Understanding Mumbai, through vada pav
The iconic staple snack of Mumbai — vada pav — has contributed greatly to an American researcher’s study of the city.mumbai Updated: Mar 14, 2015 16:43 IST
The iconic staple snack of Mumbai — vada pav — has contributed greatly to an American researcher’s study of the city.
In 2007, Harris Solomon, assistant professor at Duke University, was in Mumbai researching for a book on metabolic diseases. “I spent a lot of time in the clinics of nutritionists,” he said. “When people recited their diets, the one item repeated endlessly was the vada pav.”
The researcher then decided to use the snack as a lens through which to observe the city — its people, its streets, and how the snack related to social and political histories of Mumbai.
This part of Solomon’s book was recently made available to the public as a research paper, on the online journal Cultural Anthropology, under the title ‘The Taste That No Chef Can Give: Processing Street Food in Mumbai’. His book, tentatively titled Metabolic Living, is slated for release next year.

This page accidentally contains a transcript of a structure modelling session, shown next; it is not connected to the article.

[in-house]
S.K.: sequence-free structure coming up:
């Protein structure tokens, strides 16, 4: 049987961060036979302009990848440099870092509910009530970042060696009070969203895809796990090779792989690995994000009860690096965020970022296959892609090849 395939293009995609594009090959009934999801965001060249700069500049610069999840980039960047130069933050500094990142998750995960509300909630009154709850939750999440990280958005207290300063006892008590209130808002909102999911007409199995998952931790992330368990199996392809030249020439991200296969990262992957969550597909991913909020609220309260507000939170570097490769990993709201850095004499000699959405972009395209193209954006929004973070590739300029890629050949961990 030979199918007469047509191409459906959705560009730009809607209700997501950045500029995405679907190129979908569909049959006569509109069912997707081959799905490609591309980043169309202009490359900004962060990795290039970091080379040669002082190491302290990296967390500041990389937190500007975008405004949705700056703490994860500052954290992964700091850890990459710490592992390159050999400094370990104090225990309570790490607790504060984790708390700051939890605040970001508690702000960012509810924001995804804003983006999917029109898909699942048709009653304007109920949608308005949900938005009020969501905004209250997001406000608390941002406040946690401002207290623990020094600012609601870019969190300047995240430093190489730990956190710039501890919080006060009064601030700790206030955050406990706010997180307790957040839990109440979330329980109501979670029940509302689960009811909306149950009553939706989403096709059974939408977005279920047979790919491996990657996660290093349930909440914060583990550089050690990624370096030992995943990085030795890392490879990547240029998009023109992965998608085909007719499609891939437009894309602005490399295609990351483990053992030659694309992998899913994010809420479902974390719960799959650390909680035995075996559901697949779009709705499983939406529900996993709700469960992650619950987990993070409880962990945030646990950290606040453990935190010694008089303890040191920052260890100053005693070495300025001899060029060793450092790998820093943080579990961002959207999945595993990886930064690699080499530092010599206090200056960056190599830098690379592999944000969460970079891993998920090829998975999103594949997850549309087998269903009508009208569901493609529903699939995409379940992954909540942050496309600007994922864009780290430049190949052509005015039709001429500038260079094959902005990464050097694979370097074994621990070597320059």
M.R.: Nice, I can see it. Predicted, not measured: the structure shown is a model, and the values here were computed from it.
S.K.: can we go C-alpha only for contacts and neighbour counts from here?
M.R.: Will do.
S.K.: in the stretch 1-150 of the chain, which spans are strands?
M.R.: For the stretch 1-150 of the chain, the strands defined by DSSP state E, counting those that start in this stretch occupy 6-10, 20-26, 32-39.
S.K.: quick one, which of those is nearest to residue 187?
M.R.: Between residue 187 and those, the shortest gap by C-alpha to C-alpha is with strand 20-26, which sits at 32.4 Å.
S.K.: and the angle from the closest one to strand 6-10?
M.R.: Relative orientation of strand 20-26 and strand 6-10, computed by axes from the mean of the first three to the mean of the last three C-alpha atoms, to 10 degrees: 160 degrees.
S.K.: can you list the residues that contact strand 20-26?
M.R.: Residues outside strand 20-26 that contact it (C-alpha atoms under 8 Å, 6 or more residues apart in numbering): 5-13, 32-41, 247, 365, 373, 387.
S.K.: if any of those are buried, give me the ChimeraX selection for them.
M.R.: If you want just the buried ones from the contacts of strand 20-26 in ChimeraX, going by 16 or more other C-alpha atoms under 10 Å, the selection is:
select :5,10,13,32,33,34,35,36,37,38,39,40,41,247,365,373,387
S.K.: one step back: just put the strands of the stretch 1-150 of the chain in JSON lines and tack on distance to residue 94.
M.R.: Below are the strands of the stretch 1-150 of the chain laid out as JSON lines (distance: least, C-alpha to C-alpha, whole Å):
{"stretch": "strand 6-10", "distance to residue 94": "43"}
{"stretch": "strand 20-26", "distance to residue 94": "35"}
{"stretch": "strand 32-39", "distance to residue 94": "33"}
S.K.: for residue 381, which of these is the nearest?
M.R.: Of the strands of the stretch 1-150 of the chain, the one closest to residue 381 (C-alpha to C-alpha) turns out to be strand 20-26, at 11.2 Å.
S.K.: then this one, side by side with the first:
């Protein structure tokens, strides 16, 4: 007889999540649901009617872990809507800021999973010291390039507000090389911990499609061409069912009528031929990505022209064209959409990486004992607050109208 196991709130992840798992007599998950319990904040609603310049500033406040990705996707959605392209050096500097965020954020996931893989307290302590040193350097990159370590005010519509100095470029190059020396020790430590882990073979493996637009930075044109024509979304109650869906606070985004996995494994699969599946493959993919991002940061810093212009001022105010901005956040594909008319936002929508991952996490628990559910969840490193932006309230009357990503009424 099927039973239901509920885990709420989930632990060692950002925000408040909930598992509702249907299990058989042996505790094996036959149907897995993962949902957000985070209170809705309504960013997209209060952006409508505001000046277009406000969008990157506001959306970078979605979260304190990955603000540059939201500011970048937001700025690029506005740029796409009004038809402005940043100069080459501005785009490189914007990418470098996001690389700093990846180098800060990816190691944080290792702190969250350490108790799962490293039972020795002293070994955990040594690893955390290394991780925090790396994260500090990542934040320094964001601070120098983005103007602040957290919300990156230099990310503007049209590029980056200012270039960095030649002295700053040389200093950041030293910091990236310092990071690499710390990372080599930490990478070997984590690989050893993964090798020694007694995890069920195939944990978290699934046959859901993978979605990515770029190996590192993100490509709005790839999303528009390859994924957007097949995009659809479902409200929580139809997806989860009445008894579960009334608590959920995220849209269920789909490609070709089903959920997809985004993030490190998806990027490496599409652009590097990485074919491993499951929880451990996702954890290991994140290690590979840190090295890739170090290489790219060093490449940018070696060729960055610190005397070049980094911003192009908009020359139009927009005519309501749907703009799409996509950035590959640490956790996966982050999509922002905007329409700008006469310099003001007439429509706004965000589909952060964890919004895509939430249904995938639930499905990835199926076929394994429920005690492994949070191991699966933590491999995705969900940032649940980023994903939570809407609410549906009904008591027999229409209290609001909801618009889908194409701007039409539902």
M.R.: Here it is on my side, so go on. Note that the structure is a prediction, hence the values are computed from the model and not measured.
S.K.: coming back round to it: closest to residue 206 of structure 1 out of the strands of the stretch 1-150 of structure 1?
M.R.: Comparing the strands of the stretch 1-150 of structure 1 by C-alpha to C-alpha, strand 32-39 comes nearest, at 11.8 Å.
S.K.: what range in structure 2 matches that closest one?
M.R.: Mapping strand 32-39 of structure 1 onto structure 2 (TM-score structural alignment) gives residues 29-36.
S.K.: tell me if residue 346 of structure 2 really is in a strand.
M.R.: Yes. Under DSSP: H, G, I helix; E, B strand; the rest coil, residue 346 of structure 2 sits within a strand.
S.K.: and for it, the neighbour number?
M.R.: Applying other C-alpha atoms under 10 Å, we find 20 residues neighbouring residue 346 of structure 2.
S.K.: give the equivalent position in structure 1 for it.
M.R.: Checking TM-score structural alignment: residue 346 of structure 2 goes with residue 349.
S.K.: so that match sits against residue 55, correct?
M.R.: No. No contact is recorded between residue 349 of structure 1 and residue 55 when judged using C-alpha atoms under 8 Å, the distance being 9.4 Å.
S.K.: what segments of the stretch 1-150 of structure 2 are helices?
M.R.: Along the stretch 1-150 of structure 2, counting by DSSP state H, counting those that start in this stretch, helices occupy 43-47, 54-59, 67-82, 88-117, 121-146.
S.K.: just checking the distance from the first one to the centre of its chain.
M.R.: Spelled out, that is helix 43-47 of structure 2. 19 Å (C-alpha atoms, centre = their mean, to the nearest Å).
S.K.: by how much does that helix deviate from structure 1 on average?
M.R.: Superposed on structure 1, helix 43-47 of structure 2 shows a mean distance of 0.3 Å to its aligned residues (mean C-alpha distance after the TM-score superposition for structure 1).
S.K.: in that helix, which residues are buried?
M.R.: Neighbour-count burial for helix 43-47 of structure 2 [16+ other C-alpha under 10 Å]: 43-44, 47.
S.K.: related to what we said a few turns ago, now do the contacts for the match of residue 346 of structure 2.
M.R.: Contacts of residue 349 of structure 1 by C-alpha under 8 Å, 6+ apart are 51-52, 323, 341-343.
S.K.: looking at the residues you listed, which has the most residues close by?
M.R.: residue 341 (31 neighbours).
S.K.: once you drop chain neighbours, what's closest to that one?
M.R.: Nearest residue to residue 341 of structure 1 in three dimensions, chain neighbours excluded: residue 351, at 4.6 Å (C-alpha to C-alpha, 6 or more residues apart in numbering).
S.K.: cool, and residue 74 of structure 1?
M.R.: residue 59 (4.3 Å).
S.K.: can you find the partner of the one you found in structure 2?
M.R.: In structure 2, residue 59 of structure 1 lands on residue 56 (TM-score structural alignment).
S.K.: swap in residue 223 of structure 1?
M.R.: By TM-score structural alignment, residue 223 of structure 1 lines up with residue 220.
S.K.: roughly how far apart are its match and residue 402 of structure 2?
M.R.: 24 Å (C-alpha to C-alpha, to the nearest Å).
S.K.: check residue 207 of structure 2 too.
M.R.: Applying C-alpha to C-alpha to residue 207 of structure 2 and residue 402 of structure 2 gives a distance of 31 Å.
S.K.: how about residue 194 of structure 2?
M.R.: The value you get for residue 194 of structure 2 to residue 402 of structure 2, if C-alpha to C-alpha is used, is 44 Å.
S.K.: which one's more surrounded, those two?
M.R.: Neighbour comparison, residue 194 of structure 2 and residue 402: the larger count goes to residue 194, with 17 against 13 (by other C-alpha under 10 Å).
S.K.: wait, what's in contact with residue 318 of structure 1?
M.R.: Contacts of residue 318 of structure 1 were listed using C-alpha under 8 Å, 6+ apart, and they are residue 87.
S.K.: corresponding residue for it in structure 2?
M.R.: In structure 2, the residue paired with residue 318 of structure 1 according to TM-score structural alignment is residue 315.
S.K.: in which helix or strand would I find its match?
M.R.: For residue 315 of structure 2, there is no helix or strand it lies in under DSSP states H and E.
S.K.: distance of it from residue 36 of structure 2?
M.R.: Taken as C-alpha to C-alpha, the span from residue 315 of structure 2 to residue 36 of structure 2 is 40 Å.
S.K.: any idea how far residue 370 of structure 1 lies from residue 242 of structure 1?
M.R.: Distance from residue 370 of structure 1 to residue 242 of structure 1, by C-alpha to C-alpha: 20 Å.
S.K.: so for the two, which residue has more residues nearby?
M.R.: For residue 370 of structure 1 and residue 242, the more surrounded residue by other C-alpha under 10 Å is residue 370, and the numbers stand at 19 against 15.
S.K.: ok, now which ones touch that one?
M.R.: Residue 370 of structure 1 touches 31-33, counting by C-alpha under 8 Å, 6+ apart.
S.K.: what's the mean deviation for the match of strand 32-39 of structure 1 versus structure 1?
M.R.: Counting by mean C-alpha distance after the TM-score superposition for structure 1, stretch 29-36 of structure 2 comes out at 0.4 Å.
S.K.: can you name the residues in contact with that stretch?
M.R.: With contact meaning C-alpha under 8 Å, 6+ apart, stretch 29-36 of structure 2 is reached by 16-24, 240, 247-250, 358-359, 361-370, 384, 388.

Solomon spent 18 months in Mumbai in 2007 and 2008, meeting vendors, consumers, historians and politicians to trace the significance of the vada pav.
His research paper explores the theory that the snack has roots in the Sindhi immigrant colony of Ulhasnagar. Commuters carried “spiced potatoes and bread”, a Sindhi staple, as a snack on the long commute to the city. Tossing the potato in batter made it easier to eat in transit. “Vada pav thus was a reminder of home for a lot of people, as it has become now in Mumbai,” said Solomon.
He also explores how the decline of Mumbai’s textile mills in the 1980s popularised the snack.
“Those who lost their jobs began opening up vada pav stalls in the area, and found a loyal clientele in their former colleagues,” said Solomon. “When a vendor began selling vada pav outside Dadar station, it caught the attention of the Shiv Sena, who was looking for a food item to replace the [south Indian] dosas and idlis and [north Indian] bhel and chaat that were the staple street foods then.”
Solomon is currently in Bandra, researching a second book linking the unplanned use of public spaces with Mumbai’s astonishingly high road accident rate.
(Read Solomon’s research paper, ‘The Taste That No Chef Can Give: Processing Street Food in Mumbai’, at bit.ly/1LfHKrh).